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2011: R.I. ACLU v. Rhode Island Department of Human Services

Category: Immigration  

This was a formal administrative complaint filed with the Office of Civil Rights of the U.S. Department of Health and Human Services, claiming that DHS has failed to provide adequate interpreter services to clients with limited English proficiency.  Among other things, a resolution agreement set obligations and standards for DHS to follow to determine the linguistic needs of affected individuals and provide them appropriate interpreter services, to translate important agency documents into languages spoken by 5% of the population affected by DHS programs, to ensure that the language assistance provided to applicants and clients is timely, and to train employees of their obligations under the law.

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2008: R.I. Coalition Against Domestic Violence v. Carcieri

Category: Due Process  Immigration  Open Government  

Lawsuit challenging a Gubernatorial executive order requiring all vendors and contractors doing business with the state to register with the federal government’s E-Verify work authorization program. A temporary restraining order was denied, but the executive order was subsequently rescinded and the suit was voluntarily dismissed as moot.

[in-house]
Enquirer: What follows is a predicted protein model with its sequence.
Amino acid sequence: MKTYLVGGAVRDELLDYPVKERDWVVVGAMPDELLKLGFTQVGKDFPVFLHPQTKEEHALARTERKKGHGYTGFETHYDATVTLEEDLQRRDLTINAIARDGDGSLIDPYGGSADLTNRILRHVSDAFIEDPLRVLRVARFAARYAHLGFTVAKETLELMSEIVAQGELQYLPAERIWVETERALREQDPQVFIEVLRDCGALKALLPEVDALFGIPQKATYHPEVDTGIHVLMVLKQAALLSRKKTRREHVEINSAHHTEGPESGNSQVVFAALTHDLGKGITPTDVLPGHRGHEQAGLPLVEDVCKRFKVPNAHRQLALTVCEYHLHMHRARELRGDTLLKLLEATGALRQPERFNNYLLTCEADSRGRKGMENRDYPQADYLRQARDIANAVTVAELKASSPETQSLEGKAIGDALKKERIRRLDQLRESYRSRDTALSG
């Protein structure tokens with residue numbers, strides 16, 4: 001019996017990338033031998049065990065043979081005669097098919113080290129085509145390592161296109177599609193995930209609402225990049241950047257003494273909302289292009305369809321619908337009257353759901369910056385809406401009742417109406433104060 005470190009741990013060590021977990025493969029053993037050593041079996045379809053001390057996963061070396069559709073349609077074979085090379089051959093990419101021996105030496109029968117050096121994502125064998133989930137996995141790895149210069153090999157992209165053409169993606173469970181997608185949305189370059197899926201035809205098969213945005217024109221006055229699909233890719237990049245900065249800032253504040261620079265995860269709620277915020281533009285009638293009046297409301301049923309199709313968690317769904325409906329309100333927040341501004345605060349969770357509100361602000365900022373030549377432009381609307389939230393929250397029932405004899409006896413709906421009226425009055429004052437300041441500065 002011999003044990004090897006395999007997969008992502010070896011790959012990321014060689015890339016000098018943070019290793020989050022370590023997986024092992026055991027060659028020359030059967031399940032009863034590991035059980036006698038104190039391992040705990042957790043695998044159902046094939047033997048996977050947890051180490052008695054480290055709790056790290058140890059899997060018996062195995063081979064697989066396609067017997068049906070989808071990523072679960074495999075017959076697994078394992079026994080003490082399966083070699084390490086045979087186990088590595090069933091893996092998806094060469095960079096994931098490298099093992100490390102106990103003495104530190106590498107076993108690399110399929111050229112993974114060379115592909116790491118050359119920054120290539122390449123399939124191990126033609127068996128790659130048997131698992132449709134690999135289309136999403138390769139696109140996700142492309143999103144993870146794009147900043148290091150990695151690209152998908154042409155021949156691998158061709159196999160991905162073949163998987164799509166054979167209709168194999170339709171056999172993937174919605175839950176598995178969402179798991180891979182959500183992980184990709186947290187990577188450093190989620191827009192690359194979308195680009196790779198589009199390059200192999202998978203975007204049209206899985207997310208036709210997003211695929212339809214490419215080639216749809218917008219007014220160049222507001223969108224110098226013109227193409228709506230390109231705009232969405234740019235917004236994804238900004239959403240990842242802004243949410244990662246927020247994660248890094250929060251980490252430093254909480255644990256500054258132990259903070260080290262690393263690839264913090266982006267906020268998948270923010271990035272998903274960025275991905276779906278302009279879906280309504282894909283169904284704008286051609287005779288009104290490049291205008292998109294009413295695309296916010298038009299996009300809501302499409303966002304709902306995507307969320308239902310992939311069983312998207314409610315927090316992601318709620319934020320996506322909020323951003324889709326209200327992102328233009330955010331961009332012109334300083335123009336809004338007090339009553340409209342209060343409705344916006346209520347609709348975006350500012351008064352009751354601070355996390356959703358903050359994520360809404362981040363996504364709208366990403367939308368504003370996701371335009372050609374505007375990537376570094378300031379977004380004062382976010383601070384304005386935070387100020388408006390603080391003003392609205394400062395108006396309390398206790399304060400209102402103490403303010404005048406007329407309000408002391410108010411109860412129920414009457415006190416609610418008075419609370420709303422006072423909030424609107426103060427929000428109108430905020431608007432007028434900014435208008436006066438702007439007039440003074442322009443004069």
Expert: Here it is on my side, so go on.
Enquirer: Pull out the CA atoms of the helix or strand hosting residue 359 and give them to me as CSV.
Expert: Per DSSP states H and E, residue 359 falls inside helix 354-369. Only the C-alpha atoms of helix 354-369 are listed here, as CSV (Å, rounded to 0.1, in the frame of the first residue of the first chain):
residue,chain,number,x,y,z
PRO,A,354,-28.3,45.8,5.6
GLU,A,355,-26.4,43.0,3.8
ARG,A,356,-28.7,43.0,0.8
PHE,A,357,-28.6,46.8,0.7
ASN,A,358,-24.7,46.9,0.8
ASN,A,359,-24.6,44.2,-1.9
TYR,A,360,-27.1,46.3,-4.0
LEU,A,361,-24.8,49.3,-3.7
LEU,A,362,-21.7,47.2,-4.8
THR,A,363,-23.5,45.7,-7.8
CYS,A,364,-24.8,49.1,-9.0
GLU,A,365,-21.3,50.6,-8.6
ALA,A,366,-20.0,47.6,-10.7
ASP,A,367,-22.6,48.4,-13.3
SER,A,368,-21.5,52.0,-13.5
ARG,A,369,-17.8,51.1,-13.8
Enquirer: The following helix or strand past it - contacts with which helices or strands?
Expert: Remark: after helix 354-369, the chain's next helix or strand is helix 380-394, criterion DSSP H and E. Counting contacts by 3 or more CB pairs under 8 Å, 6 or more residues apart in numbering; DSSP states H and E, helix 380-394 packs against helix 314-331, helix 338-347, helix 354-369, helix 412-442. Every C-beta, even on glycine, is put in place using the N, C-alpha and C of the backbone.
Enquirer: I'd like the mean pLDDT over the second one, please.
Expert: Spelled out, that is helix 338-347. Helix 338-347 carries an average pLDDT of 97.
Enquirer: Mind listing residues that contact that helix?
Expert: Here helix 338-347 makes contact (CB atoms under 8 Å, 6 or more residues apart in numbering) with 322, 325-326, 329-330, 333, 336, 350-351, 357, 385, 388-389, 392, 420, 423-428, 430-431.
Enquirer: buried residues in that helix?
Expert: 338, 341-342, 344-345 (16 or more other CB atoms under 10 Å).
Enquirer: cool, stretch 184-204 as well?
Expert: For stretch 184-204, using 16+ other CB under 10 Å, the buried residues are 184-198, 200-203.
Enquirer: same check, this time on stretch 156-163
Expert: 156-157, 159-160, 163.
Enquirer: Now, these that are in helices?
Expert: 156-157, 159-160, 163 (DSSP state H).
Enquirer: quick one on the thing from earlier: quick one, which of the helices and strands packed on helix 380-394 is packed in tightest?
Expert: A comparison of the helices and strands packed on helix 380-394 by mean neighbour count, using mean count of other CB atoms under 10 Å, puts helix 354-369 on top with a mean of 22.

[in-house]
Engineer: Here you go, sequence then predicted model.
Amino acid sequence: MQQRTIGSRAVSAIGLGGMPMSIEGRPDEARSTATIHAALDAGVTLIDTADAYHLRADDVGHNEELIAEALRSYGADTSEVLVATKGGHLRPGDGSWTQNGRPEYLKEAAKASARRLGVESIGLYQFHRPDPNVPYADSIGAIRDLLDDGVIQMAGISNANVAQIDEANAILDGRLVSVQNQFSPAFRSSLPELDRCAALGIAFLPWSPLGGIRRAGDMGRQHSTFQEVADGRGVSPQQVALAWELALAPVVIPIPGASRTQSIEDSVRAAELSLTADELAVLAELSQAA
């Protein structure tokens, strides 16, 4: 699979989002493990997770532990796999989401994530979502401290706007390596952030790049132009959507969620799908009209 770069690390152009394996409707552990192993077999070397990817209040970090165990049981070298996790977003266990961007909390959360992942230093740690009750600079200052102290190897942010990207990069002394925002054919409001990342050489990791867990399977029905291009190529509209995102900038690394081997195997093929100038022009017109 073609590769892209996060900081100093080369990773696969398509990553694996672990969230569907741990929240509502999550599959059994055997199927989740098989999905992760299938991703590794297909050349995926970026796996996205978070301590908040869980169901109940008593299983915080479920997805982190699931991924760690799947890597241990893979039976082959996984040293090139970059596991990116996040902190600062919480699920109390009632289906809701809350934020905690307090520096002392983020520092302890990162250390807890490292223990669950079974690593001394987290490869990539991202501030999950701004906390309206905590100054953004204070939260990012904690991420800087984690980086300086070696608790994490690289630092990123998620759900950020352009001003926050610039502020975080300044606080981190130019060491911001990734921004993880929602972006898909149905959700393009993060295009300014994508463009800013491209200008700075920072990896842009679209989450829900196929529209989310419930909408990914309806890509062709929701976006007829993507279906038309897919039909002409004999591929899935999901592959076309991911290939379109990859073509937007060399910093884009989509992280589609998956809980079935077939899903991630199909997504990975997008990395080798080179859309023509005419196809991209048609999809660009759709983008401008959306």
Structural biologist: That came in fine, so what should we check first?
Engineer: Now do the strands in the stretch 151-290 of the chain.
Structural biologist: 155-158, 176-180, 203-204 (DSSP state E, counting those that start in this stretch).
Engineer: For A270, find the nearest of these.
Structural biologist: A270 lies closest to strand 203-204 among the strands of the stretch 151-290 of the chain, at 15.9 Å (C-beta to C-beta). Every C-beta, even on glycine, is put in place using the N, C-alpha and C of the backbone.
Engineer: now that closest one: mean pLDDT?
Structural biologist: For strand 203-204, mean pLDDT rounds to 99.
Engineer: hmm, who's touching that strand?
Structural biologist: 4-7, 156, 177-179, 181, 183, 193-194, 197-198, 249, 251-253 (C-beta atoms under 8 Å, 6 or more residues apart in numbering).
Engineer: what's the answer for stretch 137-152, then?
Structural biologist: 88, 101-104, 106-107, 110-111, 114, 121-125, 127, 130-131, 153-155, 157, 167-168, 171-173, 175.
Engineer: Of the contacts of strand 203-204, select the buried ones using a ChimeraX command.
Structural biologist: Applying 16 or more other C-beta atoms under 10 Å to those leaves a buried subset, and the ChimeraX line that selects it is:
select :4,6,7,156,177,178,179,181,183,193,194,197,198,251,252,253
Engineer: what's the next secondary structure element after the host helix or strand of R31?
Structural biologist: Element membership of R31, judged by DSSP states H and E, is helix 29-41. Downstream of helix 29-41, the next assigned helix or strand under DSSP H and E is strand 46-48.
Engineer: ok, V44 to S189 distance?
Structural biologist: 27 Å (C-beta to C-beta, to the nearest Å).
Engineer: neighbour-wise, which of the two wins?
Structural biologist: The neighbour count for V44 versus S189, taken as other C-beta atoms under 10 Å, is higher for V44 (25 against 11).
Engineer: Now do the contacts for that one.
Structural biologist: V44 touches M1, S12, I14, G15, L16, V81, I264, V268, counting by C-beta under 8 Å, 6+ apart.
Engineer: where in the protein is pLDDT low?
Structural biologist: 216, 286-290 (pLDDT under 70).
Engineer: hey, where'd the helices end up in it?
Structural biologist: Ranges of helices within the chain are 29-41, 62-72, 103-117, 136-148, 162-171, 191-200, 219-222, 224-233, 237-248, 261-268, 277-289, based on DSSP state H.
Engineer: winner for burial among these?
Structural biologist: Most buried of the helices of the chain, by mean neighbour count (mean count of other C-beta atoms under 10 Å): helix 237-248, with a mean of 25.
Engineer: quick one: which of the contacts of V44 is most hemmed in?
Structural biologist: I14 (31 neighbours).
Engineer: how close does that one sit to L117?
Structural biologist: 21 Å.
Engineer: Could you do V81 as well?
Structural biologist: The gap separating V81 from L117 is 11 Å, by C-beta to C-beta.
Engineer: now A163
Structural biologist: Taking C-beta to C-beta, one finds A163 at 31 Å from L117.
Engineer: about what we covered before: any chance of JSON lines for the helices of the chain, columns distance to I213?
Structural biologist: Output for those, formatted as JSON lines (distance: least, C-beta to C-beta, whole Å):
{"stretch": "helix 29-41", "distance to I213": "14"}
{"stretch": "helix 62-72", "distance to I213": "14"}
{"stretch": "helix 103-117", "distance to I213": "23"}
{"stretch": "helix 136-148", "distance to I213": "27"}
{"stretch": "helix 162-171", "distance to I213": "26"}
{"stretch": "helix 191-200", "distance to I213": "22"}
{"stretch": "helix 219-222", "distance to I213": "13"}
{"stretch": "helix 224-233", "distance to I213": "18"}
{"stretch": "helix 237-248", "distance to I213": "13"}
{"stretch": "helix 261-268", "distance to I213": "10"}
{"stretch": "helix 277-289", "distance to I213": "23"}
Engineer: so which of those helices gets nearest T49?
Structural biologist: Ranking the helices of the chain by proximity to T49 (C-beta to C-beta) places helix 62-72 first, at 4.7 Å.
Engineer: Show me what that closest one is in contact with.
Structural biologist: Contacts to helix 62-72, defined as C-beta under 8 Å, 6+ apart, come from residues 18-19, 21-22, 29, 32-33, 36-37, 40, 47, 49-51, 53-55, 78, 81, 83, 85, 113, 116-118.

Cooperating Attorney: Randy Olen

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2008: Qu v. Central Falls Detention Facility Corporation

Category: Criminal Justice  Discrimination  Racial/Ethnic Discrimination  Immigration  

On February 9, 2009 the RI ACLU filed a federal lawsuit on behalf of the family of Hiu Lui (“Jason”) Ng, a 34-year-old Chinese detainee who died last August while in the custody of immigration officials at the Wyatt Detention Facility in Central Falls.  Read a brief biography of Hiu Lui Ng.

The lawsuit documented what it called “cruel, inhumane, malicious and sadistic behavior” against Ng, and alleged that more than two dozen defendants, including officials and employees of both the Wyatt facility and U.S. Immigration and Customs Enforcement (ICE), violated his constitutional rights in myriad ways.

In December of 2012, a federal judge approved a significant financial settlement on behalf of Ng's family.

Cooperating Attorneys: Robert McConnell and Fidelma Fitzpatrick 

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2006: Estrada v. R.I. State Police

Category: Immigration  Police Practices  

“Racial profiling” lawsuit challenging the hour-long detention of a van based solely on the ethnicity of the driver and passengers.

2005: R.I. ACLU v. Najarian

Category: Due Process  Immigration  

Lawsuit challenging the Division of Motor Vehicles’ failure to formally adopt any rules and regulations governing the issuance of drivers’ licenses, such as the eligibility of immigrants to obtain licenses, the documentation required to obtain a license, and the procedures for appealing denials of licenses. In response to the suit, the agency proposed formal rules and held a public hearing on them. The suit was thereupon voluntarily dismissed.

Cooperating Attorney: Thomas W. Lyons

2005: R.I. ACLU v. State of Rhode Island

Category: Discrimination  Racial/Ethnic Discrimination  Fair Administration of Justice  Immigration  

Complaint filed with the U.S. Department of Justice, claiming that the state has failed to provide adequate interpreter services to criminal defendants.